Experience continues to be the key! Terrific story.

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 10-23-2018, 01:20 PM
#19
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The question of worth is strictly up to the individual. The good thing about this hobby is that if you want to try an expensive brush to see how it is, you can.  If you don't like it, you can always sell it for almost what you paid for it.  That was my mindset when buying my Chubby 2.  I knew that if I didn't like it, I could resell it.  Fortunately, it's a keeper.  I'm also aware that some of what I paid was for the Simpson reputation and pride of ownership (not the first time these 2 factors have come into play when buying something).

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 10-23-2018, 01:44 PM
#20
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You generally hit a point of steeply diminishing returns in terms of practical function with badger-hair brushes somewhere between $50 and $150, depending significantly on your technique and sensibilities. Beyond that it largely comes down to aesthetic considerations and what a particular brush might signify for you (or any individual), with factors in that regard variously including e.g., where it was made, when it was made, how it was made, who made it, what went into making it, etc.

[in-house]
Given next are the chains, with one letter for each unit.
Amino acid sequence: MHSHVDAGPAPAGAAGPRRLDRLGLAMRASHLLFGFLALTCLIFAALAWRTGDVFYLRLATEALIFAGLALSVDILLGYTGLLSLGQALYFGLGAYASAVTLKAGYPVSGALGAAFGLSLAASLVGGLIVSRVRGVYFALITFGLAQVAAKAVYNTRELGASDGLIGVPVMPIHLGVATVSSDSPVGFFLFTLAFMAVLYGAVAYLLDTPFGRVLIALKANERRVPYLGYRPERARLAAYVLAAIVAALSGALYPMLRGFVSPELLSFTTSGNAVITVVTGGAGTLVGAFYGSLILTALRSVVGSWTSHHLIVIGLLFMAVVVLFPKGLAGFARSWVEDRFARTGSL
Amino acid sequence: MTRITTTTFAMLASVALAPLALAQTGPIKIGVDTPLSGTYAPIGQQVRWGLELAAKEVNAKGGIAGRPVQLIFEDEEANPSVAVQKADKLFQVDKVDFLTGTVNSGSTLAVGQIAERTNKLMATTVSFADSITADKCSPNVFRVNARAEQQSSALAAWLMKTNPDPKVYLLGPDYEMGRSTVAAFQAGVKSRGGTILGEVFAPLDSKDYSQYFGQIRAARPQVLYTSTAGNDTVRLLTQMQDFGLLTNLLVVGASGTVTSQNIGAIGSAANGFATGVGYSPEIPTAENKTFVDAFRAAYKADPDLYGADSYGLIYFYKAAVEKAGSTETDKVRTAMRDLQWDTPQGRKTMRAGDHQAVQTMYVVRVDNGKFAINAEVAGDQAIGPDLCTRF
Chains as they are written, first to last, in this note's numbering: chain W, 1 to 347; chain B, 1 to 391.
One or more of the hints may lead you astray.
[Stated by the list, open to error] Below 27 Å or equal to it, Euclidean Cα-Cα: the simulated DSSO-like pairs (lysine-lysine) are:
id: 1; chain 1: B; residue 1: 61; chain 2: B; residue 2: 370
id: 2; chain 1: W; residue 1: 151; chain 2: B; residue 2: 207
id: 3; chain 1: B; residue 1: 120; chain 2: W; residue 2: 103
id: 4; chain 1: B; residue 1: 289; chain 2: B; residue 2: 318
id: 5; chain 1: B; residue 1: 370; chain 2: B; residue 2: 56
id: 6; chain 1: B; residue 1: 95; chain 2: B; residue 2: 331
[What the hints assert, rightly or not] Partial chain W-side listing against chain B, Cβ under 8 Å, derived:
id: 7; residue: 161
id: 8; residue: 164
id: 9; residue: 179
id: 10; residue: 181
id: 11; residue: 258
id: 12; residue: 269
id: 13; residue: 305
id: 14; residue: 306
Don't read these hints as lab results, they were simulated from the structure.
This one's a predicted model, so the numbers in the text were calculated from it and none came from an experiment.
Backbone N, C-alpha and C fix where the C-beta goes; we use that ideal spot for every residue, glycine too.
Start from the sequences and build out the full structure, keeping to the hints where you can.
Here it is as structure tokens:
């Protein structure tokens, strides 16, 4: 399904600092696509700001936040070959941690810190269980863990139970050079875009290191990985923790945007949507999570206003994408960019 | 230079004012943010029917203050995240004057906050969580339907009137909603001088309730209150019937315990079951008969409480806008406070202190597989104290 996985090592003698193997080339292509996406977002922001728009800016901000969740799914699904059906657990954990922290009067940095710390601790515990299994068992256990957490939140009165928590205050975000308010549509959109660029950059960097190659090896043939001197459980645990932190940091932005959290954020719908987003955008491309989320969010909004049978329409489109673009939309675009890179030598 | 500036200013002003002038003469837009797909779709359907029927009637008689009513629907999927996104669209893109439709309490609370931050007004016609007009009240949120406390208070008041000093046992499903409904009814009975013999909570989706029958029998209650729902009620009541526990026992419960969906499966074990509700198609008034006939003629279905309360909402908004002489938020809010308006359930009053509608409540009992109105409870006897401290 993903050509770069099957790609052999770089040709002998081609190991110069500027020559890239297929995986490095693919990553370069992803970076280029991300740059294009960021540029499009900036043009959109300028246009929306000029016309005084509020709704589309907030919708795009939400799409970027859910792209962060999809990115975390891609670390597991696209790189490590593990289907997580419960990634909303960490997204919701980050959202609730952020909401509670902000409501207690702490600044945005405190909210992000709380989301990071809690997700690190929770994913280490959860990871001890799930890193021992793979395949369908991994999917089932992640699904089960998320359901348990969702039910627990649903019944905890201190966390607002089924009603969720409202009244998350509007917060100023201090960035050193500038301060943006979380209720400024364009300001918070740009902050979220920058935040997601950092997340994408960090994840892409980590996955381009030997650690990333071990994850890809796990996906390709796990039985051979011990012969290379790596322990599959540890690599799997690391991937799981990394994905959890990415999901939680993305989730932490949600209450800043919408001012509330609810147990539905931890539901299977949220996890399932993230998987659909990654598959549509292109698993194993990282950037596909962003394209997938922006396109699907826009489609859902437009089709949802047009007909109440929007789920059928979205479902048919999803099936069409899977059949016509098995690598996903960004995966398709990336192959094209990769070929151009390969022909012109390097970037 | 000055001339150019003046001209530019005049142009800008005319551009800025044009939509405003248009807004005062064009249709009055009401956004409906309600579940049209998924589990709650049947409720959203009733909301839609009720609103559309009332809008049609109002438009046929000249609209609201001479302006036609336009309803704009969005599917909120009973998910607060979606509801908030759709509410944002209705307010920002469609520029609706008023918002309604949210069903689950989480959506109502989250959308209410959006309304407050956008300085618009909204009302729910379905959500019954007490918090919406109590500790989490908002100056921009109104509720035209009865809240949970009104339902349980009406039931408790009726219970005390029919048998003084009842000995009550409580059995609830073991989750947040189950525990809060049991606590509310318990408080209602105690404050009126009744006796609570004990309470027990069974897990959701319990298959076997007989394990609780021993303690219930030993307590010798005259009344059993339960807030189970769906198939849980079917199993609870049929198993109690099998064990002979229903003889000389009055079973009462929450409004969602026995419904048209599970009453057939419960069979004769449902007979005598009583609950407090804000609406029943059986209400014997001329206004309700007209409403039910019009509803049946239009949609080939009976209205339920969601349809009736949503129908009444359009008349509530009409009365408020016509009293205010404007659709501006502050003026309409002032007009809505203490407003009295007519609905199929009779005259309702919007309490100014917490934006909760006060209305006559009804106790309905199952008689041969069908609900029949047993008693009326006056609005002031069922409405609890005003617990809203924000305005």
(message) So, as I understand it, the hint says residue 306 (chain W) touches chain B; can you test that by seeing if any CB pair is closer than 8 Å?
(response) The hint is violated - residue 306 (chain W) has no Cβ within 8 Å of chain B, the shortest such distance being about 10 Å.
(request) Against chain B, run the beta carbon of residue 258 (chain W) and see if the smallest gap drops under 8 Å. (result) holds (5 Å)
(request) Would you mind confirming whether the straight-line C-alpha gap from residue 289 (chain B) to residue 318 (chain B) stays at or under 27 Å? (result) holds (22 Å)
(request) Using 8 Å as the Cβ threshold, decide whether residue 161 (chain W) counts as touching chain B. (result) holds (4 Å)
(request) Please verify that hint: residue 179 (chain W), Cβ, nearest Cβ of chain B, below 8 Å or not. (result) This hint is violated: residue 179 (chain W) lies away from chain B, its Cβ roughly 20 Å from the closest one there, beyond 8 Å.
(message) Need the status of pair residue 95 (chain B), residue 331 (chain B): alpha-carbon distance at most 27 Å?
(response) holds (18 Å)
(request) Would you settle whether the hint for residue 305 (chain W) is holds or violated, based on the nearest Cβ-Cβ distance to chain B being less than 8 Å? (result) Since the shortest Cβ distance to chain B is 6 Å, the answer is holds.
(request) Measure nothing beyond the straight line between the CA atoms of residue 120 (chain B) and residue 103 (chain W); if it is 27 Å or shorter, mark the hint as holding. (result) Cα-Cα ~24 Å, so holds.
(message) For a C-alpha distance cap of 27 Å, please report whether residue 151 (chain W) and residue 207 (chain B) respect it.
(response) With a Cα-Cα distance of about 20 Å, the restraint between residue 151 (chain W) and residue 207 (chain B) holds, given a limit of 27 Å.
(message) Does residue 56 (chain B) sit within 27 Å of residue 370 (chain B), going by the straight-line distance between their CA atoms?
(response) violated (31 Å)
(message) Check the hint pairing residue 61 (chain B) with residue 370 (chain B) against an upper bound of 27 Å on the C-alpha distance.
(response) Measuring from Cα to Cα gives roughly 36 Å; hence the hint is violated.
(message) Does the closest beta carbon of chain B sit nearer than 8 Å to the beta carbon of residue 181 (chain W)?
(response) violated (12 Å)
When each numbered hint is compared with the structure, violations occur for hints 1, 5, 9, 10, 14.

And then there's also just the way you feel -- the satisfaction you take -- when you use a particular brush, the one your hand reaches for. Sometimes you can analyze what accounts for the difference; other times it remains a mystery.